"The Artist" could be the first silent film to win for best picture since 1927's "Wings."
If Oscar buzz is any indicator, Hollywood is on the brink of making Academy Award history. For the first time, silent films might bookend the best-picture category.
The first film -- and only non-talkie -- to win the academy's top prize was director William A. Wellman's high-flying 1927 drama, "Wings," starring Clara Bow, Buddy Rogers and Richard Arlen.
Now, the 2011 silent film "The Artist" is gathering serious award-season momentum as a best picture favorite at the 84th annual Oscar ceremony on Feb. 26. The silent-period Valentine from French director Michel Hazanavicius has won many honors, including best comedy or musical at the Golden Globes.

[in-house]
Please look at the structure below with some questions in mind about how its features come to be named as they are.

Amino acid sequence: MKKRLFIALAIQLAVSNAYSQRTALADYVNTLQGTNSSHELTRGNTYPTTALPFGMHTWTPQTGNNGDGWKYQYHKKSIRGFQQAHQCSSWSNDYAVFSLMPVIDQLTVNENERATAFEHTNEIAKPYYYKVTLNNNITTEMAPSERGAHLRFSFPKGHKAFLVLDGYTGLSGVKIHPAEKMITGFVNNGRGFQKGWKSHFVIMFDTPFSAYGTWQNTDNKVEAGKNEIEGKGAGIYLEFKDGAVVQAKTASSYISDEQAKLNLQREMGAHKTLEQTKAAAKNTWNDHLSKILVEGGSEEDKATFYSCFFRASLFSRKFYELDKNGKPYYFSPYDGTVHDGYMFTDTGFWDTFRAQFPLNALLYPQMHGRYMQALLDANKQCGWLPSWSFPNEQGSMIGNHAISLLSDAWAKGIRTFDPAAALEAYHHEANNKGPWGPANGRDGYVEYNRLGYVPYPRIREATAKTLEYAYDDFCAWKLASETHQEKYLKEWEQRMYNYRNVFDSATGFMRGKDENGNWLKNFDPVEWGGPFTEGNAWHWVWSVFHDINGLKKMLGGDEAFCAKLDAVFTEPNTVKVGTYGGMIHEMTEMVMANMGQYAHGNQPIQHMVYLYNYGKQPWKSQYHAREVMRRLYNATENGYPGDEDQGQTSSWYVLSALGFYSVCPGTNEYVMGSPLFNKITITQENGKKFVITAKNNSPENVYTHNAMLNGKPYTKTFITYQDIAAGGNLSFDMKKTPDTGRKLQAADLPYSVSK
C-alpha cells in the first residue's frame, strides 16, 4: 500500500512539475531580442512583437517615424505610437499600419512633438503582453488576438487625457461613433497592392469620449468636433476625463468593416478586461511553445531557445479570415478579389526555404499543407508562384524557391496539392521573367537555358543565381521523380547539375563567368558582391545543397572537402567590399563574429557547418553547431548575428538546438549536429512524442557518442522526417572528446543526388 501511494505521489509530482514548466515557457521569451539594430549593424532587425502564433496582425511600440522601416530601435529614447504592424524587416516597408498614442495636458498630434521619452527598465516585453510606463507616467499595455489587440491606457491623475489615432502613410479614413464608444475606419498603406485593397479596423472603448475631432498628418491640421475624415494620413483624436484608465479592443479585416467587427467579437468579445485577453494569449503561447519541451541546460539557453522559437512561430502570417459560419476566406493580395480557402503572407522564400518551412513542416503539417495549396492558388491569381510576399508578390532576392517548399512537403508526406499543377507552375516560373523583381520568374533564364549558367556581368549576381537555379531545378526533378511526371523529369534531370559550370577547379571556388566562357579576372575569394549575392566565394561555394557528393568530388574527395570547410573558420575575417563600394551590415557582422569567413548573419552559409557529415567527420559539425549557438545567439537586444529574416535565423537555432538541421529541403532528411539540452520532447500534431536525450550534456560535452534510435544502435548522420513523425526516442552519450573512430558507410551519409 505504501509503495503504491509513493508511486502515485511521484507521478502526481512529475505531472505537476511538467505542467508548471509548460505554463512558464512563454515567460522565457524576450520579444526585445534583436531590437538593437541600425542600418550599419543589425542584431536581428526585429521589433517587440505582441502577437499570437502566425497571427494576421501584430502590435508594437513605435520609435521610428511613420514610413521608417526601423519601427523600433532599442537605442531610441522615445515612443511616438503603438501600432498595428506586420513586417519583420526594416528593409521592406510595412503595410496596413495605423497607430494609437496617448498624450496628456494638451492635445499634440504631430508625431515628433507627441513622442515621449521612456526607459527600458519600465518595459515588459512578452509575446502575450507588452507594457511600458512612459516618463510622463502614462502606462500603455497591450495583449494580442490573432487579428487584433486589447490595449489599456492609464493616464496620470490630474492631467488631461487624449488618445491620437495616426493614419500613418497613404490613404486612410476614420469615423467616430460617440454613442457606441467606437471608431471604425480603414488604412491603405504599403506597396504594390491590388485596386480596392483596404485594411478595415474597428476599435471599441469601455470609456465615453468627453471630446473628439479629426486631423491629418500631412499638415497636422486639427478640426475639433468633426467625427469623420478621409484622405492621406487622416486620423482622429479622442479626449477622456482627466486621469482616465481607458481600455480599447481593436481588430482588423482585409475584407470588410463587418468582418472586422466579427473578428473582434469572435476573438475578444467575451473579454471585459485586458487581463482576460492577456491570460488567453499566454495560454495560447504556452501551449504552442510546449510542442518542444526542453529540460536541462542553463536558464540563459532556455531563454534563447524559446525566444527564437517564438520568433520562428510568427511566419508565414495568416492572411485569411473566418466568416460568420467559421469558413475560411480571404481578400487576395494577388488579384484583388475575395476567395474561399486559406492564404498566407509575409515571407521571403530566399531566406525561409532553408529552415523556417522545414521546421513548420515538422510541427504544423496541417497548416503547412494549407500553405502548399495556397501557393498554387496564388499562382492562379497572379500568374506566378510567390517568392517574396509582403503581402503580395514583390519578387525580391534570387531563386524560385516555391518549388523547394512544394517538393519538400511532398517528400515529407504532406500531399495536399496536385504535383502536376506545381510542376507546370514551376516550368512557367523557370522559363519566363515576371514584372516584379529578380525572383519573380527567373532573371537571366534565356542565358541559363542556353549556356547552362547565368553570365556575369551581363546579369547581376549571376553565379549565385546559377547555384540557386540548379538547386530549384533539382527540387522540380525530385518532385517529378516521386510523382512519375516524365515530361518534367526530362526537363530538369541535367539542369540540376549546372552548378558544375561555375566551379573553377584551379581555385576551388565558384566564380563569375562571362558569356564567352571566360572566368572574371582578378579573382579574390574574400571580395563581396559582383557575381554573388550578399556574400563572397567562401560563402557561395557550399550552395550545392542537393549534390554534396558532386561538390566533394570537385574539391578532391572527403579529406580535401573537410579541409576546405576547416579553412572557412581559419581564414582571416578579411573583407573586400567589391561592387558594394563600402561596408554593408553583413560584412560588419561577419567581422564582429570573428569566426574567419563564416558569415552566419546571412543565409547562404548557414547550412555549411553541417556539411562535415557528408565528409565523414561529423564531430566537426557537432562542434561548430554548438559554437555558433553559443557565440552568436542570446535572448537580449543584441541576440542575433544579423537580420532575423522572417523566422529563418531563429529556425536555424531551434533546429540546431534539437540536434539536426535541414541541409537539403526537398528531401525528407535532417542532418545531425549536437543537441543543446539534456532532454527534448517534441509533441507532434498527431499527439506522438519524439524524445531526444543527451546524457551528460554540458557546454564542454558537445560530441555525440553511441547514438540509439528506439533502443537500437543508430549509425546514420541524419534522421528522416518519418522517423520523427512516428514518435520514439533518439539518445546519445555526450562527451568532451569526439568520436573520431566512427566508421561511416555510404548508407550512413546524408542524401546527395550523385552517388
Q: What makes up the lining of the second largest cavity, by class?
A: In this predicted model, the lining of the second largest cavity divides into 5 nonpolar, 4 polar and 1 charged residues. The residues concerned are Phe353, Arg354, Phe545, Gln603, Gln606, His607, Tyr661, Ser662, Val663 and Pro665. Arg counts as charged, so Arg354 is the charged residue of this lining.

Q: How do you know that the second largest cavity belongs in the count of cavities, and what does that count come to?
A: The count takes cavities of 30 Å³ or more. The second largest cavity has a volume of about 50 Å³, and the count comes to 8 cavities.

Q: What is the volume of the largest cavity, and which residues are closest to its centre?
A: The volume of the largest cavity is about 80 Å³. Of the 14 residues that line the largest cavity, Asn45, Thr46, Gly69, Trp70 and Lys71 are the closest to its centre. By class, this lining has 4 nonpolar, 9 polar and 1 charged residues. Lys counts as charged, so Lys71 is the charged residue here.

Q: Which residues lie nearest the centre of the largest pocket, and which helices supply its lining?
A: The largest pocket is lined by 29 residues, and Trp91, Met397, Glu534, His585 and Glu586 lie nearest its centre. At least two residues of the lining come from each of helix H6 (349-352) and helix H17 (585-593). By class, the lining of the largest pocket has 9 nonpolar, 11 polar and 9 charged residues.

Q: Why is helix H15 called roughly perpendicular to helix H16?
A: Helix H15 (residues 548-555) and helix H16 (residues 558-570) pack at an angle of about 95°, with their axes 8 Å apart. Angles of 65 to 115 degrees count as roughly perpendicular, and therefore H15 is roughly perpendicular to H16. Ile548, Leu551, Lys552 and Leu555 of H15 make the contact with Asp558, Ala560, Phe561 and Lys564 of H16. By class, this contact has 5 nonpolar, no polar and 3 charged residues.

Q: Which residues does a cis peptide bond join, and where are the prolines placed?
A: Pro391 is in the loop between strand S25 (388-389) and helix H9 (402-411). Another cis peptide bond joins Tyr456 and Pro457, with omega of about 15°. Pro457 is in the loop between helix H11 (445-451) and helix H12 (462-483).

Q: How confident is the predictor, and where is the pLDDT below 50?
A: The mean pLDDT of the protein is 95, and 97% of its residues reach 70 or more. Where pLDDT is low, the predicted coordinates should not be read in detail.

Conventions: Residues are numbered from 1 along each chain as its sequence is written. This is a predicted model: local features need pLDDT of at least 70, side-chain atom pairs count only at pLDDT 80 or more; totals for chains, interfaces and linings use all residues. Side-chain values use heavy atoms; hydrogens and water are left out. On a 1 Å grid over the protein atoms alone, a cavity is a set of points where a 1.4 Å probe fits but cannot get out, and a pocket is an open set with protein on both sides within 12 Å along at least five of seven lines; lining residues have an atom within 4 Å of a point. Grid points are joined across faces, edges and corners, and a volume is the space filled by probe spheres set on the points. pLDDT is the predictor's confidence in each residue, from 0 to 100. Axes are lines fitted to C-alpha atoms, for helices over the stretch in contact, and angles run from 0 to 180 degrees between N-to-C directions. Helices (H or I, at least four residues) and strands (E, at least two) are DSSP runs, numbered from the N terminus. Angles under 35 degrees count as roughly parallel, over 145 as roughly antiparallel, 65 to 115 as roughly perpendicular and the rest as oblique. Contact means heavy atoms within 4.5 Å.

Meanwhile, in a touch of silent symmetry, an extensively restored version of "Wings" thrilled celebrities and regular folks alike last week at special screenings sponsored by the academy. On Tuesday, the restored "Wings" will be released on DVD and Blu-ray.
"I know my father would be clapping," said William Wellman Jr. at a screening at the academy's Beverly Hills headquarters. The son of the "Wings" director is author of "The Man and His Wings: William A. Wellman and the Making of the First Best Picture."
In reality, it's pure coincidence that the "Wings" restoration and DVD release come at the same time as "The Artist's" mounting recognition on the awards circuit.
Nevertheless, "there's such a nice tribute to the history of cinema in ['The Artist'], that I'm thrilled about it," said Andrea Kalas, a Paramount archivist who oversaw the "Wings" restoration. "And the fact that 'Wings' gets mentioned in its context doesn't upset me in the least."